So this is all about the hope that Jewish and Gentile believers have in a future fulfilment or realisation of the “rule” or “kingdom” of Jesus. That’s why Paul prays that they will be strengthened “for all endurance and patience with joy” (Col. 1:11). It would be a long and painful struggle of life and witness before the rule or kingdom of Israel’s Messiah over the nations was brought about.

Firstborn of all creation

Paul then has more to say about this Son who would eventually rule over the nations (cf. Rom. 15:12). The relative clause that connects verses 14 and 15 makes the continuity of thought clear: “…the kingdom of his beloved Son, in whom we have the redemption, the forgiveness of the sins,” who is an image of the invisible god, a firstborn of all creation….”

So here we have what we might call a “cosmic” theme—Jesus is the “firstborn of all creation,” or perhaps “of every creature.” But the matter we have to consider is the relation of the “creation” statements in Colossians 1:15-17 to the kingdom narrative that has dominated the argument to this point.

The first point to make is that “firstborn of all creation” belongs naturally to the kingdom argument. The background in Jewish thought can be delineated quite easily.

1. Moses is instructed to tell Pharaoh, “My firstborn (prōtotokos) son is Israel” (Exod. 4:22 LXX). Israel/Ephraim is God’s “firstborn” (prōtotokos) because in the past God found them in the wilderness; therefore, in the future he will bring them back from Babylon (Jer. 38:9 LXX = 31:9 MT). To be “firstborn” was to be “head of nations” (Jer. 38:7 LXX)—not the first nation to come into existence, nor even a people having authority over other nations, but a people pre-eminent among the nations in God’s eyes.

Writing after the war against Rome, the author of 4 Ezra asks why God’s people, “whom you have called your firstborn (primogenitum), only begotten,” have been given into the hands of their enemies. “If the world has indeed been created for us, why do we not possess our world as an inheritance?” (4 Ezra 6:58-59). The relevance is apparent: Israel as God’s “firstborn” should inherit the world (cf. Rom. 4:13).

2. In the Wisdom literature it is said that God will “admonish a righteous man as a son of his love (huion agapēseōs), and his discipline is as that of a firstborn (prōtotokou)” (Ps. Sol. 13:9). This can be applied either to the righteous within Israel, as here, or to the people as a whole, among the nations:

Your judgments are over the whole earth with pity, and your love is upon the offspring of Abraham, the sons of Israel. Your discipline is upon us as on a firstborn (prōtotokon), an only son, to turn back the obedient soul from ignorant stupidity. (Ps. Sol. 18:3–4)

A similar idea is found in Hebrews, where it is said of Jesus that he “learned obedience through what he suffered” (Heb. 5:8).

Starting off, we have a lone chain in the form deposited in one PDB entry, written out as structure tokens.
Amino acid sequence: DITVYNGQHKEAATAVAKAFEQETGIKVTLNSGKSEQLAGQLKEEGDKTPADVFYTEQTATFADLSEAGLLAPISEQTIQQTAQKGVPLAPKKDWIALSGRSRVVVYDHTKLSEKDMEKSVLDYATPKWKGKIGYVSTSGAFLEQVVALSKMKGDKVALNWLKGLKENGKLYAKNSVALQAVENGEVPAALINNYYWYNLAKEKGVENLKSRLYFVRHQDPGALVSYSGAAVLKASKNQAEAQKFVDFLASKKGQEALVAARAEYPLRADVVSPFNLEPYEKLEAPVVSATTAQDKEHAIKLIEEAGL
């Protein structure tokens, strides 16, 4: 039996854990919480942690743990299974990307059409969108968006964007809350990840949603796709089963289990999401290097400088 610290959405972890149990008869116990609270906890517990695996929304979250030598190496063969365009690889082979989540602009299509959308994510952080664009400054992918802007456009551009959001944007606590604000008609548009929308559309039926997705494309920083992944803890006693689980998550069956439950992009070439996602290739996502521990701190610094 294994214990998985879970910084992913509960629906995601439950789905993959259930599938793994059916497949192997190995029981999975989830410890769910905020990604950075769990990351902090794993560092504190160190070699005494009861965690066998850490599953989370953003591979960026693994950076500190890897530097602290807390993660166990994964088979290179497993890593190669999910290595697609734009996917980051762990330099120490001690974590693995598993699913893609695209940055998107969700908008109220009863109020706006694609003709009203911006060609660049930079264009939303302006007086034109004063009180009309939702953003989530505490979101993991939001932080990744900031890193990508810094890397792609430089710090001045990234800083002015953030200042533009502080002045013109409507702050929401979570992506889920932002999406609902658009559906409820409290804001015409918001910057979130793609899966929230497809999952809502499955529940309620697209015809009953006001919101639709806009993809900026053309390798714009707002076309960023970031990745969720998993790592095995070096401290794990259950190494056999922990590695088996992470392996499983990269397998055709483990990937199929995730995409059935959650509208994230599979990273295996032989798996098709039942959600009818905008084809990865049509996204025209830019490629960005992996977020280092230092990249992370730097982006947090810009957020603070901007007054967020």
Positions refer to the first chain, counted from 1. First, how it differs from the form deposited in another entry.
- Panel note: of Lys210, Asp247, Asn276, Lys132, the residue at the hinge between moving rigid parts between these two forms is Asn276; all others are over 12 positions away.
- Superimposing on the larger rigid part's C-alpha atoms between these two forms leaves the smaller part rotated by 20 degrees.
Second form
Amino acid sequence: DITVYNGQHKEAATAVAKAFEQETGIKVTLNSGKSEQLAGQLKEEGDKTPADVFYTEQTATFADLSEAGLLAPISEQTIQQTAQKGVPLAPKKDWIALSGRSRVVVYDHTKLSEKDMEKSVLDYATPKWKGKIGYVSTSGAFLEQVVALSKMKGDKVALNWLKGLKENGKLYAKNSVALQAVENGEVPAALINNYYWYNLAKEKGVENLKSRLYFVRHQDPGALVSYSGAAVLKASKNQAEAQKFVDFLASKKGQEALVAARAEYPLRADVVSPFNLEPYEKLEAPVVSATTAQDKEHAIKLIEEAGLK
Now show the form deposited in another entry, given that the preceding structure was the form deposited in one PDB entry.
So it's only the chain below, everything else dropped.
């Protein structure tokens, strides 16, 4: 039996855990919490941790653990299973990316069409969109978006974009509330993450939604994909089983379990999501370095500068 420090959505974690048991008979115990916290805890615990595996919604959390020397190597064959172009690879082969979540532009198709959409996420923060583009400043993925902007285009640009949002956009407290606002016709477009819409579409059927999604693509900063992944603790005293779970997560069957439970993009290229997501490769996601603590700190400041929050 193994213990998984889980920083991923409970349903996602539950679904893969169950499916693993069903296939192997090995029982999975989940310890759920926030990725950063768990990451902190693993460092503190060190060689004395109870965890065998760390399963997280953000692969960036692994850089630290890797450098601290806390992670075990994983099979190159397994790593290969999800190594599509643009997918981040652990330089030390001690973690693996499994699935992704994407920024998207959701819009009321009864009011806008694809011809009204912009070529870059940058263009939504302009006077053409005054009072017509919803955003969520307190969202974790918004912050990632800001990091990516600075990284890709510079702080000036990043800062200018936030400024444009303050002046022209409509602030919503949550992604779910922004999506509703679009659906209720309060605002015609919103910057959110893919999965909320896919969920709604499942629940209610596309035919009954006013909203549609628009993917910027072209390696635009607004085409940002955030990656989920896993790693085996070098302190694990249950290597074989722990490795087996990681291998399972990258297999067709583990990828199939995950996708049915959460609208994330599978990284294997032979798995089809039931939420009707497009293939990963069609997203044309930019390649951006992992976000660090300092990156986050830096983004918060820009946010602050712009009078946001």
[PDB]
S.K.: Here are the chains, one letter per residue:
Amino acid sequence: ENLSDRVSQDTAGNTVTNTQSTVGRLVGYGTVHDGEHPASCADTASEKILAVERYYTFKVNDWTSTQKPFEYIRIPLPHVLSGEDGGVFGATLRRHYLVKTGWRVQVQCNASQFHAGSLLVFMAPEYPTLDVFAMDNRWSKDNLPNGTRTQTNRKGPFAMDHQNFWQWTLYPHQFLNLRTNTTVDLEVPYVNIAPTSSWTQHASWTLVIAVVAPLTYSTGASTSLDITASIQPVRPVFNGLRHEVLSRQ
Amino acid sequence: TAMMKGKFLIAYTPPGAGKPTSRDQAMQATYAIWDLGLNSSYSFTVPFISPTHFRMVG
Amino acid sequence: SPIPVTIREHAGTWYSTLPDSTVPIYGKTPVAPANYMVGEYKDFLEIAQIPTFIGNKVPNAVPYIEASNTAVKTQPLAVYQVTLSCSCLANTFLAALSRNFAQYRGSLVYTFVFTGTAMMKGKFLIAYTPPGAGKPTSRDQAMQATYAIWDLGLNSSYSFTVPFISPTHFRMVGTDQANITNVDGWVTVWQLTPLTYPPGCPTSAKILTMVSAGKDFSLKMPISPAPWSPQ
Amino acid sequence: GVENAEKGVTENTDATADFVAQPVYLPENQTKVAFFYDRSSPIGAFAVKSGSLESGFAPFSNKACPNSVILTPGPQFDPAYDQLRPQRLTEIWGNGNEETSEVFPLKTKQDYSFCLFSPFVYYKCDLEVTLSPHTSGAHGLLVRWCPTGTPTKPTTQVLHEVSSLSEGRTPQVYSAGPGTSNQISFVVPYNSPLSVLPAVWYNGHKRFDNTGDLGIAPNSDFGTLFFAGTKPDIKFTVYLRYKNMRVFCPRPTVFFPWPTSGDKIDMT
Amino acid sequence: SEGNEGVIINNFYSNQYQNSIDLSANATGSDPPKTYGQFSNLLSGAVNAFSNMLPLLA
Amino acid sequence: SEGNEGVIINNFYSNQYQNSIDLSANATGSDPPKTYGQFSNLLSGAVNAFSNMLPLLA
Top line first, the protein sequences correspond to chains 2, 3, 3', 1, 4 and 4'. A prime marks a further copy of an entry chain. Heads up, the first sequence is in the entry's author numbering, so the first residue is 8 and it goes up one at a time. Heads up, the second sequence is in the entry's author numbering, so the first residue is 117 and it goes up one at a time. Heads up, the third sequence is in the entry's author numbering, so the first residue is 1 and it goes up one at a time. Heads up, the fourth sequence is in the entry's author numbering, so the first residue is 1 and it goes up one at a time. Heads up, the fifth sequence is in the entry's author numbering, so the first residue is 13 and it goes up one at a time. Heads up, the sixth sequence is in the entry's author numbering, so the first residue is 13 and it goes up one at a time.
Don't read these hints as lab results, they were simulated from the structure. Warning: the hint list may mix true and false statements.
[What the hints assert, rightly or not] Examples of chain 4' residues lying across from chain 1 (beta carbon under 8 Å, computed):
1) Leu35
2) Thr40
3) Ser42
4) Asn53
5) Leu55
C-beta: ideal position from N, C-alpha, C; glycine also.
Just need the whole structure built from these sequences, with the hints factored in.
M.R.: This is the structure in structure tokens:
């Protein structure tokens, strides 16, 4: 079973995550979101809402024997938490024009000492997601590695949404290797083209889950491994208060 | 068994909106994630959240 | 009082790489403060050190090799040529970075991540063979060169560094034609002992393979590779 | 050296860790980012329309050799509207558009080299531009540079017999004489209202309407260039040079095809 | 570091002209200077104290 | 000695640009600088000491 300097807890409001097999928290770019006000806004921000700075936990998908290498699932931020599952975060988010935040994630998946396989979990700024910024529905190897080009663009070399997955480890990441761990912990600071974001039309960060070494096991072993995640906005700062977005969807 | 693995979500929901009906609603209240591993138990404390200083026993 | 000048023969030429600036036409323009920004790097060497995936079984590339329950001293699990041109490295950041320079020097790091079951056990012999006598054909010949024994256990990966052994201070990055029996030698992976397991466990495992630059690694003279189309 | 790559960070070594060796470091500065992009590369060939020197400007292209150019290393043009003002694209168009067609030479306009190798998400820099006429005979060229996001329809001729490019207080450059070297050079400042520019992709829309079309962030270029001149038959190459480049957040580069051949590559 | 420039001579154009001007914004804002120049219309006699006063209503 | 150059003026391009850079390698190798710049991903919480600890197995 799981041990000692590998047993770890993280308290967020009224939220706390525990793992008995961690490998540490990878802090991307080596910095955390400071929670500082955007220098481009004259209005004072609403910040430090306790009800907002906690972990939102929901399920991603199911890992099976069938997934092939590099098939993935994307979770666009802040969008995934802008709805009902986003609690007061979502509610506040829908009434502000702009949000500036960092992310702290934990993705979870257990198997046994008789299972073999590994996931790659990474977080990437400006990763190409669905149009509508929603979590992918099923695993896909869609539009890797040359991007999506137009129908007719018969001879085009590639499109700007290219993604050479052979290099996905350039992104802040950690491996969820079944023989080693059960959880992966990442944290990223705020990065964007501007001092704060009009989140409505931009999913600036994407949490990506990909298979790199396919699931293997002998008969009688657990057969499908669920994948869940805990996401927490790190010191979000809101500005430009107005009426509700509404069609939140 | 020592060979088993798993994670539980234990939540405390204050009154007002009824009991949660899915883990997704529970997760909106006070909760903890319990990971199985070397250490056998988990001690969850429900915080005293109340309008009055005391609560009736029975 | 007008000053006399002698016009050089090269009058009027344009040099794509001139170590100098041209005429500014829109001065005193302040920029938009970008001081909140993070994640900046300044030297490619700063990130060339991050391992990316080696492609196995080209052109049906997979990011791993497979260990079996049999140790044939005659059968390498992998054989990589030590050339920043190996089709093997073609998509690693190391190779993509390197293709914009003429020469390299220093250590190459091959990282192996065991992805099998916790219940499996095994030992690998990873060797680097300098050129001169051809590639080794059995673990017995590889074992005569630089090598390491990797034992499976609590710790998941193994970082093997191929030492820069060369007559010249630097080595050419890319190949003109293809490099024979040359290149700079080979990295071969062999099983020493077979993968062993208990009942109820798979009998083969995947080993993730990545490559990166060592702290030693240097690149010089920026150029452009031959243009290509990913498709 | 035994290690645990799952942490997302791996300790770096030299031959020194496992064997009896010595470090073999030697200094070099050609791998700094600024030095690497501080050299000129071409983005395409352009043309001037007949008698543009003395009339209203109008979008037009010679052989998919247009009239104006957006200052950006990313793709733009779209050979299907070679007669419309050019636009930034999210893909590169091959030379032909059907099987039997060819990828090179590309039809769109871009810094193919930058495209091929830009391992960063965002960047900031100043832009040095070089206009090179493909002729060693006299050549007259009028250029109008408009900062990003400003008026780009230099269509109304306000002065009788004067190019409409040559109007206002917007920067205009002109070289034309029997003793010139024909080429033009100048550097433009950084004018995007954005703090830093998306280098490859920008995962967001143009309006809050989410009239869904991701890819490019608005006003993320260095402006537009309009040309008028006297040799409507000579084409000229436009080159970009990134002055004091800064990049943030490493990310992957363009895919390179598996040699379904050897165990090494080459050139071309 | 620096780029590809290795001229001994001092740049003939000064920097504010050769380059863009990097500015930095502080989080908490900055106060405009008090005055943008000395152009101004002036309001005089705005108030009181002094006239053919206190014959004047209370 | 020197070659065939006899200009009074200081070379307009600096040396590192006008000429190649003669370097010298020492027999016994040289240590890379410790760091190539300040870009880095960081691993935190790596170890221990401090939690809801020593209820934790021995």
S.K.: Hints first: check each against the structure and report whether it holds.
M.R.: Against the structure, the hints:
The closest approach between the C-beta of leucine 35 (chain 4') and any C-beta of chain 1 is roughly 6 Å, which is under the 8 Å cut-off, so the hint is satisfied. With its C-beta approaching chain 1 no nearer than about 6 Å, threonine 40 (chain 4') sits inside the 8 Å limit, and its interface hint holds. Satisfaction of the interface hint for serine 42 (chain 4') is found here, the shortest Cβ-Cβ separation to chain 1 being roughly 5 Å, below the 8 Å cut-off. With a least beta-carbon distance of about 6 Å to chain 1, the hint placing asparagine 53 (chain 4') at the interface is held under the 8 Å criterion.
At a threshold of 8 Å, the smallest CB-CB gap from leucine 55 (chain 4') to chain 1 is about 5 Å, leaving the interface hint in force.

3. David will call on YHWH, saying, “My Father you are, my God and supporter of my deliverance!”; therefore, God will make him “a firstborn (prōtotokon), high among the kings of the earth” (Ps. 88:27-28 LXX = 89:26-27 MT). The king who calls on God as Father will embody the firstborn status, the pre-eminence, of the people.

If Paul had this background in mind, which seems entirely plausible, the phrase “firstborn of all creation” presents Jesus, in effect, as the beloved Son, who is obedient Israel, who is disciplined through suffering, who calls out “Abba! Father!” when he is in need of deliverance, and who has been made pre-eminent among all creatures as the king who will inherit the world even though Rome will destroy Jerusalem.

The “all things” that are not “all things”

Beyond this, I don’t have a fully settled understanding of how verses 15-20 work, but I think some more or less fixed points can be established.

Most importantly, what is created is not the world and the living creatures in it but specifically political realities or entities: “whether thrones or dominions or rulers or authorities” (Col. 1:16). This creation or new creation is quite narrowly conceived.

The distinction between heaven and earth, things invisible and things visible, is also significant. The creator God is invisible (cf. Rom. 1:20-23) and belongs to the sphere of heaven, but an “image” is visible and in principle belongs to the sphere of the earthly, perhaps in the way that a statue constitutes the “presence” of a remote and “unseen” ruler:

When people could not honor them in their presence because they lived far off, they imagined their appearance from afar and made a visible image (eikona) of the king whom they honored, that through diligence they might flatter the absent one as though present. (Wis. 14:17)

The Son who suffered and died on earth, disarming the “rulers and authorities” by his death on a Roman cross, has been seated at the right hand of God in heaven (Col. 3:1), so the visible and triumphant “image” is now located in the invisible sphere of heaven, with God.

In this we have the reconciliation of the specific set of “all things” that matters in this passage: visible rule on earth and invisible rule in heaven have been reconciled in king Jesus. The hostile, anti-YHWHistic rulers on earth (Herod, Pilate, Caesar) have been defeated (cf. Col. 2:15), and their power, authority and glory have been given to the Son of Man, who was rejected, who suffered, and who has been seated at the right hand of God to rule in the midst of his enemies until the last enemy has been destroyed (cf. Mk. 14:62).